A short time later, St. Francis Hospital told police a 31-year-old man arrived in the emergency room with two bullet wounds. Gorman said Billings underwent surgery for gunshot wounds to the left shoulder and calf.

Linux&Gun Guy
December 31, 2003, 11:53 AM
This is a Outrage! It wouldn't be so bad if they had banned big black ugly handguns but they banned all handguns. Hmm...Can they own revolvers or sawed off shotguns with a lisence?

7.62FullMetalJacket
December 31, 2003, 12:34 PM
"Maybe these break-ins will stop now,"

I guess there is only one criminal mastermind cognizant of their "gun-free zone." :rolleyes:

Zundfolge
December 31, 2003, 12:46 PM
This could work out well ... maybe this guy will fight in court and it could work its way up to SCOTUS ... might be helpful to clarify the 'individual right' of the 2A.

Pilgrim
December 31, 2003, 01:00 PM
This could work out well ... maybe this guy will fight in court and it could work its way up to SCOTUS ... might be helpful to clarify the 'individual right' of the 2A.

Some gun rights organization that can fund the appeals needs to get to this guy before he rolls over and plays dead by accepting a plea bargain.

Pilgrim

seeker_two
December 31, 2003, 01:07 PM
This would be a perfect 2A case for SCOTUS...

...that is, if I trust SCOTUS to come down on our side. :scrutiny:

7.62FullMetalJacket
December 31, 2003, 01:15 PM
I do not see why this is a test case for 2A. People also have the right to assemble. If this village wants no guns, then that is a local decision. You are pitting the 1st against the 2nd, which is a sure recipe for disaster.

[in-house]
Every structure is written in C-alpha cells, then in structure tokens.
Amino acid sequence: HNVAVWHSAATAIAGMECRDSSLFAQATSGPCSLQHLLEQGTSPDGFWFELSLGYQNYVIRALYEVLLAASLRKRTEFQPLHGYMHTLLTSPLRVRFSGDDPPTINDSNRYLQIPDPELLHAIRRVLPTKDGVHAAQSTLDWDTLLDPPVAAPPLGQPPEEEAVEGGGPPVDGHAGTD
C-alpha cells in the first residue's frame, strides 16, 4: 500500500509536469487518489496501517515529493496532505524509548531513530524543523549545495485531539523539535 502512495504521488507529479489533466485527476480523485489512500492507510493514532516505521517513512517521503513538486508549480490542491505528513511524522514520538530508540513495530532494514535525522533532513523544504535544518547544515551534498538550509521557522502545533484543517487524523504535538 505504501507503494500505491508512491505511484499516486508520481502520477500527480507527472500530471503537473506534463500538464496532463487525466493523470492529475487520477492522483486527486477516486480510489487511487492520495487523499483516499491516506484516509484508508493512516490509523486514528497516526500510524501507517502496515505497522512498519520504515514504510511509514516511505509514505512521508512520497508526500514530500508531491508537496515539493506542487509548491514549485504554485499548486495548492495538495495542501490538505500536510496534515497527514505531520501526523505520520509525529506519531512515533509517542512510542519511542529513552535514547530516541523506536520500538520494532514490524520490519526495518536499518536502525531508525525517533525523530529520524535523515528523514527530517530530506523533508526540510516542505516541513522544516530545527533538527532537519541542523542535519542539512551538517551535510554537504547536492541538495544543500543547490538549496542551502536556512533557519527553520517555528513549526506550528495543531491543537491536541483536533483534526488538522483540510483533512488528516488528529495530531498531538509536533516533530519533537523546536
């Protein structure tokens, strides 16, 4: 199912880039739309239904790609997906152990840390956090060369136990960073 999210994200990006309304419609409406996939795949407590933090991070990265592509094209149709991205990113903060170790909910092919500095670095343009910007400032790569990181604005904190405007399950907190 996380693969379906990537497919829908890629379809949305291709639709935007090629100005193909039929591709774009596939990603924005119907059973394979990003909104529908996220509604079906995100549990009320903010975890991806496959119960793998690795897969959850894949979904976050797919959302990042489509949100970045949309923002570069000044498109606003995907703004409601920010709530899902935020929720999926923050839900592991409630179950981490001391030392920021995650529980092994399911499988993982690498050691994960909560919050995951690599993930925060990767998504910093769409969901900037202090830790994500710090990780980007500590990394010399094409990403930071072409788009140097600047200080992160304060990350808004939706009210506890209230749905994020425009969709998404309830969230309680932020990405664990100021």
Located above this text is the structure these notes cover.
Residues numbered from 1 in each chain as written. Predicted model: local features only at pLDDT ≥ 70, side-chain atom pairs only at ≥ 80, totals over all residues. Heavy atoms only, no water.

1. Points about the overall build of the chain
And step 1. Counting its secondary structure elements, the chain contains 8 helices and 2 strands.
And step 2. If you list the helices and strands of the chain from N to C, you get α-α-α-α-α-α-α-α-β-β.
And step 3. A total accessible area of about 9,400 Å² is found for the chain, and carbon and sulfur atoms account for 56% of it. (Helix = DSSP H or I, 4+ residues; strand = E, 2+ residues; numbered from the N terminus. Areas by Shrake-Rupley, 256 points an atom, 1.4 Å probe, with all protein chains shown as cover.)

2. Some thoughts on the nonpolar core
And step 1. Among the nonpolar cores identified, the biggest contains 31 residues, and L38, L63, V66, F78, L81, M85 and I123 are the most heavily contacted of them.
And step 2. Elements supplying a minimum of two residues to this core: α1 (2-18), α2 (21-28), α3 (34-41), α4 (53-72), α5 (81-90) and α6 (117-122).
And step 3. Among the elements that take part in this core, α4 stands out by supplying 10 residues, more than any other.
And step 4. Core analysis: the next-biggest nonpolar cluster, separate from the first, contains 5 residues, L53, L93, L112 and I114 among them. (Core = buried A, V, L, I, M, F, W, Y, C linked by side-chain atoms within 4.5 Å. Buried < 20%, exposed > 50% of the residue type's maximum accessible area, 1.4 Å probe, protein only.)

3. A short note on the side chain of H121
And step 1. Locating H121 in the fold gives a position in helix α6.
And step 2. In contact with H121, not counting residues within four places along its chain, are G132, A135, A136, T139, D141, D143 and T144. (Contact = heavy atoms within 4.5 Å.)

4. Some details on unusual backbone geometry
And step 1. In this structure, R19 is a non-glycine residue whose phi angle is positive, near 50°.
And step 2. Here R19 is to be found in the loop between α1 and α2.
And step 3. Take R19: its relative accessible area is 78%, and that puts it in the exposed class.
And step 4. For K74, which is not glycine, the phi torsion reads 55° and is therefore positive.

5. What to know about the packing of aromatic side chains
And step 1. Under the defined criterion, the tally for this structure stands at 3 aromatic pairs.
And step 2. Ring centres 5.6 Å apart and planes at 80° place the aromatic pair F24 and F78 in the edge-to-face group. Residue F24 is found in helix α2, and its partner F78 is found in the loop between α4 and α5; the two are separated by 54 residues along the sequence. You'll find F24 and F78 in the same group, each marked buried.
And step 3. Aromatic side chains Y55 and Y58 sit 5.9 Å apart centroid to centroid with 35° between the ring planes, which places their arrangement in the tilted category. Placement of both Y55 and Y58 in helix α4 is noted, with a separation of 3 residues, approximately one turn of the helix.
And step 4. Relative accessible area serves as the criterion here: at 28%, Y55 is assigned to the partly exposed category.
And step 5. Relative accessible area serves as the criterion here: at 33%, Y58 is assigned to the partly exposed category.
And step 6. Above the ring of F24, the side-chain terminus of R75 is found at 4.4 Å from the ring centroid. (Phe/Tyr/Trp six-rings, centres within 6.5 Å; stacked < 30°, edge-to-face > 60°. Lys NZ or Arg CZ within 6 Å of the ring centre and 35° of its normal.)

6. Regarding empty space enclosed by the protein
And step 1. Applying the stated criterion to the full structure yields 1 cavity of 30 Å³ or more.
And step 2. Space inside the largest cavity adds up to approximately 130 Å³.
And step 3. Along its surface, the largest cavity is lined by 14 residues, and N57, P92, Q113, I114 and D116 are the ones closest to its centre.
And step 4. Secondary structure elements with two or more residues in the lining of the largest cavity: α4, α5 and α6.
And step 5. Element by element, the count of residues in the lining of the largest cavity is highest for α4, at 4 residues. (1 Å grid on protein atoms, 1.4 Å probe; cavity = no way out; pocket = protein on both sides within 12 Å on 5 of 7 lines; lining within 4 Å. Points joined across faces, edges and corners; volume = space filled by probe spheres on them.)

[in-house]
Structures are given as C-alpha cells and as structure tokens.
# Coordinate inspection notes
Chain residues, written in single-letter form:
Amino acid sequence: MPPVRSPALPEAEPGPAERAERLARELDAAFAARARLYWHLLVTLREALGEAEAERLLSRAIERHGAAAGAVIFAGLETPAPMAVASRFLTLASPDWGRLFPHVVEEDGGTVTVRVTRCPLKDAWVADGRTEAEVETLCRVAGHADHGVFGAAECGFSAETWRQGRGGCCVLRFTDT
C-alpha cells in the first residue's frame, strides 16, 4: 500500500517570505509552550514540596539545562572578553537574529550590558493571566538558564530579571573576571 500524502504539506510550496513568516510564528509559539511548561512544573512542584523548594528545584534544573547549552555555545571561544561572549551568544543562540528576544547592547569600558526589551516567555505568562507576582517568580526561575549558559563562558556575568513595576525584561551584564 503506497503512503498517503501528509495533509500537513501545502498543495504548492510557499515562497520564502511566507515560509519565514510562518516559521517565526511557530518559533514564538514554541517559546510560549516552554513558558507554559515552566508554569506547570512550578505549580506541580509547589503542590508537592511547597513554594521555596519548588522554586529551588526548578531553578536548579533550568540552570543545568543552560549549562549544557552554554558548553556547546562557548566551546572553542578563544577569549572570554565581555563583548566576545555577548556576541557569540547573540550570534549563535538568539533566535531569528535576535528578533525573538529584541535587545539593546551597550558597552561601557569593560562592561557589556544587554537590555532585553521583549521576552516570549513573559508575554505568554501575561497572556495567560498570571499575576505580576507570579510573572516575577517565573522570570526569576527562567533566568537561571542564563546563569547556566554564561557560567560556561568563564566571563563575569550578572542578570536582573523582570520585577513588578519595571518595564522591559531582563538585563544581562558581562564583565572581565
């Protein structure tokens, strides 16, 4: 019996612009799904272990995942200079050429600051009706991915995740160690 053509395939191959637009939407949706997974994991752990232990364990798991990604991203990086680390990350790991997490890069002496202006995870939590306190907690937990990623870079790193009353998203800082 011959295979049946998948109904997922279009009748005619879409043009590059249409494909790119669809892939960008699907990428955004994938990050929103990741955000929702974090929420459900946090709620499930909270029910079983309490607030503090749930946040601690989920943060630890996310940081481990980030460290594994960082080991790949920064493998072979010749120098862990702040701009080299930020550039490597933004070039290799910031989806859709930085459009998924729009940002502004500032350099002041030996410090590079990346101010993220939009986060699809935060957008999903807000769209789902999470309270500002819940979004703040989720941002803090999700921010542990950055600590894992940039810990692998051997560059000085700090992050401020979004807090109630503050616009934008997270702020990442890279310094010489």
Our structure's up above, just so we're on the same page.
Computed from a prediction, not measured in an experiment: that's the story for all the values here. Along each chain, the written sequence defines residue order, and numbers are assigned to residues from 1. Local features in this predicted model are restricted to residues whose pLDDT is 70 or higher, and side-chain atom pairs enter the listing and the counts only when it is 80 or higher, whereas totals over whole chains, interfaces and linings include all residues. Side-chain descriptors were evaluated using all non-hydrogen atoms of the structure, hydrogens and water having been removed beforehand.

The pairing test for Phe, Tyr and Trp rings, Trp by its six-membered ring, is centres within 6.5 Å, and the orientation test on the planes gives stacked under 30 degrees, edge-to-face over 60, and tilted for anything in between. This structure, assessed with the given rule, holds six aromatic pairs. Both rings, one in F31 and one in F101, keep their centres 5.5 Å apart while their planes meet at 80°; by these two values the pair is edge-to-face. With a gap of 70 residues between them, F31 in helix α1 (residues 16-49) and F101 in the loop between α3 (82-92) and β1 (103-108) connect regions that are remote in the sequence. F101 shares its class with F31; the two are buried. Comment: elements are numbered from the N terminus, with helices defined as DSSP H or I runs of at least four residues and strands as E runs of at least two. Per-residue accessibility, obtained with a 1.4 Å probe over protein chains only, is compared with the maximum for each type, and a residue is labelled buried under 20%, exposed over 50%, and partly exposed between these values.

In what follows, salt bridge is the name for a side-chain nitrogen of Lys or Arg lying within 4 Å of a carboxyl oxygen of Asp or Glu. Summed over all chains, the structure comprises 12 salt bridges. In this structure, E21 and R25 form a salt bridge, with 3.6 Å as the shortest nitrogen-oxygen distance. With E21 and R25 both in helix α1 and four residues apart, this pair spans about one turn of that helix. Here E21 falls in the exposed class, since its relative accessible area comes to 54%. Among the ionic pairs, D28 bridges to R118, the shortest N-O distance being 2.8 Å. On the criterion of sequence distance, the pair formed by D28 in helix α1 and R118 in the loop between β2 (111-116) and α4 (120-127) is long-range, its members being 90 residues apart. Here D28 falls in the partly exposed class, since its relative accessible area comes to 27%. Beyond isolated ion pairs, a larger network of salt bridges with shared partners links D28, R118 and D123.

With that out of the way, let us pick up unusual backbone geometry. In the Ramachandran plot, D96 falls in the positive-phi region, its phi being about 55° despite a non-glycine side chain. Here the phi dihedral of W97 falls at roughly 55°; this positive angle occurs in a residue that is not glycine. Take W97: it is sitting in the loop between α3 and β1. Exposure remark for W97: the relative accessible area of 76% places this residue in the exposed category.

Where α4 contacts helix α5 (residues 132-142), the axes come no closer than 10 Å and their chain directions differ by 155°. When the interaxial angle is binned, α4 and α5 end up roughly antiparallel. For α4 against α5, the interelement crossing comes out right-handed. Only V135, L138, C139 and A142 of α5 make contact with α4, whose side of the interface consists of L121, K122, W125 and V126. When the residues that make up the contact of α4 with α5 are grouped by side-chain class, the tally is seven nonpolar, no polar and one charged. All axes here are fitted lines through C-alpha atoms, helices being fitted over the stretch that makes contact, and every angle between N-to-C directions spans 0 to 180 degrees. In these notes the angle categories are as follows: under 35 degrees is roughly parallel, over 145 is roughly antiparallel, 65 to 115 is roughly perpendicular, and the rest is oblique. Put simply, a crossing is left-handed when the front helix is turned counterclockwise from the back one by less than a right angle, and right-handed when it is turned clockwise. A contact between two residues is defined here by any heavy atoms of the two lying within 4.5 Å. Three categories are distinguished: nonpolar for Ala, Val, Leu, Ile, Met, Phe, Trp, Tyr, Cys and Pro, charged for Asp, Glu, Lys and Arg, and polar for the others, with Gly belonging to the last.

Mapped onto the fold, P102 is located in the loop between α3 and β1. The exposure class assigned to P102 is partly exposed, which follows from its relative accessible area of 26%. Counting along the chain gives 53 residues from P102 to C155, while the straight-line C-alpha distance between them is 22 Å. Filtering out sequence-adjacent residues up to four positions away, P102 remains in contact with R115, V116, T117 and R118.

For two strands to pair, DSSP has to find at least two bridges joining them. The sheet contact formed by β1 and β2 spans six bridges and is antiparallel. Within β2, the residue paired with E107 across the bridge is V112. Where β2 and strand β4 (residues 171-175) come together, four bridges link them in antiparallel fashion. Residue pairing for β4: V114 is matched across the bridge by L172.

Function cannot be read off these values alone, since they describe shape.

If you want to own a gun, and you feel the need to provide for your own security, then MOVE from Wilmette, IL and assemble with people of like mind. I know that I will be crossing this one off my list of places to visit/reside.

Its a big country and you have CHOICES. :neener:

lee n. field
December 31, 2003, 01:32 PM
I find it hard to believe that a town can outlaw a persons ability to provide for their own protection in their own house!

It's been that way for years. Does Morton Grove ring a bell for you? This was back in the Carter years, I think, when a Chicago and a couple 'burbs (<spit>) used their phenominal home rule powers to ban handguns. Ill-i-noise has no preemption.

Langenator
December 31, 2003, 01:39 PM
7.62-

What this would be a good case for is not only the individual right protected by the Second Amendment, but the 'incorporation' of the 2nd under the 14th. The 2nd remains, IIRC, the only Amendment in the BoR that has not been applied to the states through the 14th.

County and municipal governments are recognized as creatures of the state government. The 14th applies the limitations of the BoR to state governments. Therefore, state, county, and municipal governments may not restrict the RKBA. It has nothing to do with the right to assemble and everything to do with the government restricting Second Amendment freedoms.

spartacus2002
December 31, 2003, 01:46 PM
If this village wants no guns, then that is a local decision. You are pitting the 1st against the 2nd, which is a sure recipe for disaster.